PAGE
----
Threat Level: green Handler on Duty: Didier Stevens

SANS ISC: Just thinking out loud... SANS ISC InfoSec Forums

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Just thinking out loud...
I had an idea a while ago that I have been researching, but wanted to find out if anyone else has any solutions, experience, etc., because I doubt I'm the first one to come up with said idea.

Ever been to a nuclear missile silo? The level of two-factor authentication necessary is insane. Reason being is pretty obvious: this prevents single points of failure.

Then it hit me, why haven't we been doing this in InfoSec already? Consistently, we see single points of failure with admin credentials being used to conduct large scale compromises. Examples include Snowden, Sony, etc..., just to name a few.

So with that being said, some thoughts occurred to me:

Why don't we incorporate more two-factor authentication in to our business? I.e., we have RFID cards at my employer to get in to the building, etc.. Why don't we just use the RFID cards as part of the login process? Users have to type in their passwords, and use their employee badge?

Question here is: do solutions for this already exist? Yes, I've done some cursory looking around and I see a bunch of vendors pushing stuff. What really works?

Furthermore, what if we take the idea of "no alone zones" to the infosec realm as well. What if you had to have two admins authorize anyone logging in to certain servers? It would look like this: Charlie needs to get in to said critical server. In order for him to do so, I will get an email with the authorization code he has to enter for the server to let him in. Or maybe I get the authorization code in a text on my cell phone. While it is cumbersome, it's going to be a lot tougher for bad guys to compromise Charlie's admin login credentials, and my cell phone. Or is it?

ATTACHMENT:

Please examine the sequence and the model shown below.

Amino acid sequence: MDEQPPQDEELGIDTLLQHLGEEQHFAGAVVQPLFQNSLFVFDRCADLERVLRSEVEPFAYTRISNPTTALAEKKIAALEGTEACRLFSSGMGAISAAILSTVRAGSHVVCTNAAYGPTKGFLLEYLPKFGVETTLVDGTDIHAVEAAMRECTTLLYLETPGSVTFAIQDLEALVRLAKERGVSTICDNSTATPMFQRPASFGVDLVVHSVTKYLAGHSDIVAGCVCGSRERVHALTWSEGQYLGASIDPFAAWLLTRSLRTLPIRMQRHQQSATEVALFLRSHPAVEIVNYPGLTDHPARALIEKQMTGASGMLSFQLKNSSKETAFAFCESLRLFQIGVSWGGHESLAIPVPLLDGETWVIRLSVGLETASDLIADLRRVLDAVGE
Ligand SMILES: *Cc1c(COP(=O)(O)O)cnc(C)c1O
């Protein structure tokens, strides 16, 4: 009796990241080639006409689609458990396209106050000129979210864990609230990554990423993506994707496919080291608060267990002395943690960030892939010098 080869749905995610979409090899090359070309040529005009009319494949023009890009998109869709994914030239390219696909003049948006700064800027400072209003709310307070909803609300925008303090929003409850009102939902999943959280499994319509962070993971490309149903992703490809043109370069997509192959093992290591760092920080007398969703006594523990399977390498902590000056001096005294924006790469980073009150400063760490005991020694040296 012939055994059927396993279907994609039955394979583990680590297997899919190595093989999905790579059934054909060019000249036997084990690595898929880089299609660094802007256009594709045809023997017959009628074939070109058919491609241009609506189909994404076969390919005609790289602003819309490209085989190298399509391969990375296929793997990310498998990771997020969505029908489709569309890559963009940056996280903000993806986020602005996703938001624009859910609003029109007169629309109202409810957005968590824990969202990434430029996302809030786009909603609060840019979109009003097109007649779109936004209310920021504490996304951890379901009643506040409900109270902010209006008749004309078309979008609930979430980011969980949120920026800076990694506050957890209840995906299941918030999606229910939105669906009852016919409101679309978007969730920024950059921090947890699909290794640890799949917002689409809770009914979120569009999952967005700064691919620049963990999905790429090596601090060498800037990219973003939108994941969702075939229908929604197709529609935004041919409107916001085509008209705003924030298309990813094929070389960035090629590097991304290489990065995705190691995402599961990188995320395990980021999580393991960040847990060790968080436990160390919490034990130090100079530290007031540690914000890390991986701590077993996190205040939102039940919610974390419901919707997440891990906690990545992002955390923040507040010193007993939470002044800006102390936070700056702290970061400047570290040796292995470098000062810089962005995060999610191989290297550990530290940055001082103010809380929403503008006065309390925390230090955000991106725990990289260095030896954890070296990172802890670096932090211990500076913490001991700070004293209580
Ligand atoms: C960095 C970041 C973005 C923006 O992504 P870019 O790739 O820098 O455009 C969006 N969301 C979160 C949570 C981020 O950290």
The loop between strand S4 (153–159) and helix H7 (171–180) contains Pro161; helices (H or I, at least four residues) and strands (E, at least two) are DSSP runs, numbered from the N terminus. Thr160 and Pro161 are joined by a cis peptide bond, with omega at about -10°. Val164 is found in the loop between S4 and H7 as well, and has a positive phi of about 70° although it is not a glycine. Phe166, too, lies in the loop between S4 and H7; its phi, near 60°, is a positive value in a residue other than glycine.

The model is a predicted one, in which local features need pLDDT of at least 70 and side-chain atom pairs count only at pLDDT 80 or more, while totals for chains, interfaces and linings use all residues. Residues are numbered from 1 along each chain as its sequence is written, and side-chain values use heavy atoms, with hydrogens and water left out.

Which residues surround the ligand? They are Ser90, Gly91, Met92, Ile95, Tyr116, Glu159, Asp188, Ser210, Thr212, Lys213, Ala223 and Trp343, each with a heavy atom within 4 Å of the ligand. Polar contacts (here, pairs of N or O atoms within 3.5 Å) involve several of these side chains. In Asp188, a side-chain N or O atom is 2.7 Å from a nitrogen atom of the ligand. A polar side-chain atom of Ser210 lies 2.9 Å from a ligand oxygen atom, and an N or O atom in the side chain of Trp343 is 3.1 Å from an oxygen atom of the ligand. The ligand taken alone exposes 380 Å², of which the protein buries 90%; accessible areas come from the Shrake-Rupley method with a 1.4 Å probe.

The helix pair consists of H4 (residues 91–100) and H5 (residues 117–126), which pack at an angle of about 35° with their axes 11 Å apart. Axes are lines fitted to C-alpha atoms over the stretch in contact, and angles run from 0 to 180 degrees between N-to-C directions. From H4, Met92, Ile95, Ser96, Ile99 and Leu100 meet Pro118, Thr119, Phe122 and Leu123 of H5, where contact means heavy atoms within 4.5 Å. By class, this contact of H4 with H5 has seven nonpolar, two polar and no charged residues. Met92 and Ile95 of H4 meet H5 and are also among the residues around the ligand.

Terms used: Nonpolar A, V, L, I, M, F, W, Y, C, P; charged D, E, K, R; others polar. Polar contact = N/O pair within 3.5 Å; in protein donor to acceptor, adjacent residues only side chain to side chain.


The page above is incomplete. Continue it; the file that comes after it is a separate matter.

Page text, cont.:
Like I said, just thinking out loud...

1 Posts
Hi Stormy,
Both ideas are already in use in many places. The main detractor for many organisations relating to using the building pass as the second factor is usually cost and responsibility issues. From a cost perspective you need specific readers for each workstation in the organisation usually at $100+ so multiplied by the number of workstations you have. The second challenge is usually the fact that building systems are managed and owned by other parties. So now your security relies on them getting things correct. There are a few systems I'm aware of that utilise the RFID component independent of the original building system, but they obviously require some sort of enrolment process. The third challenge I come across is that it is seen as "to much" for the organisation or as I like to call it "we are not a secret government agency" excuse.

The second idea is also implemented in many organisations through the use of their password management products. In order to release a password (or broker the SSH or RDP connection) secondary authorisation has to be provided. There are several product in this space, implementing this concept with varying degrees of success.


ISC Handler

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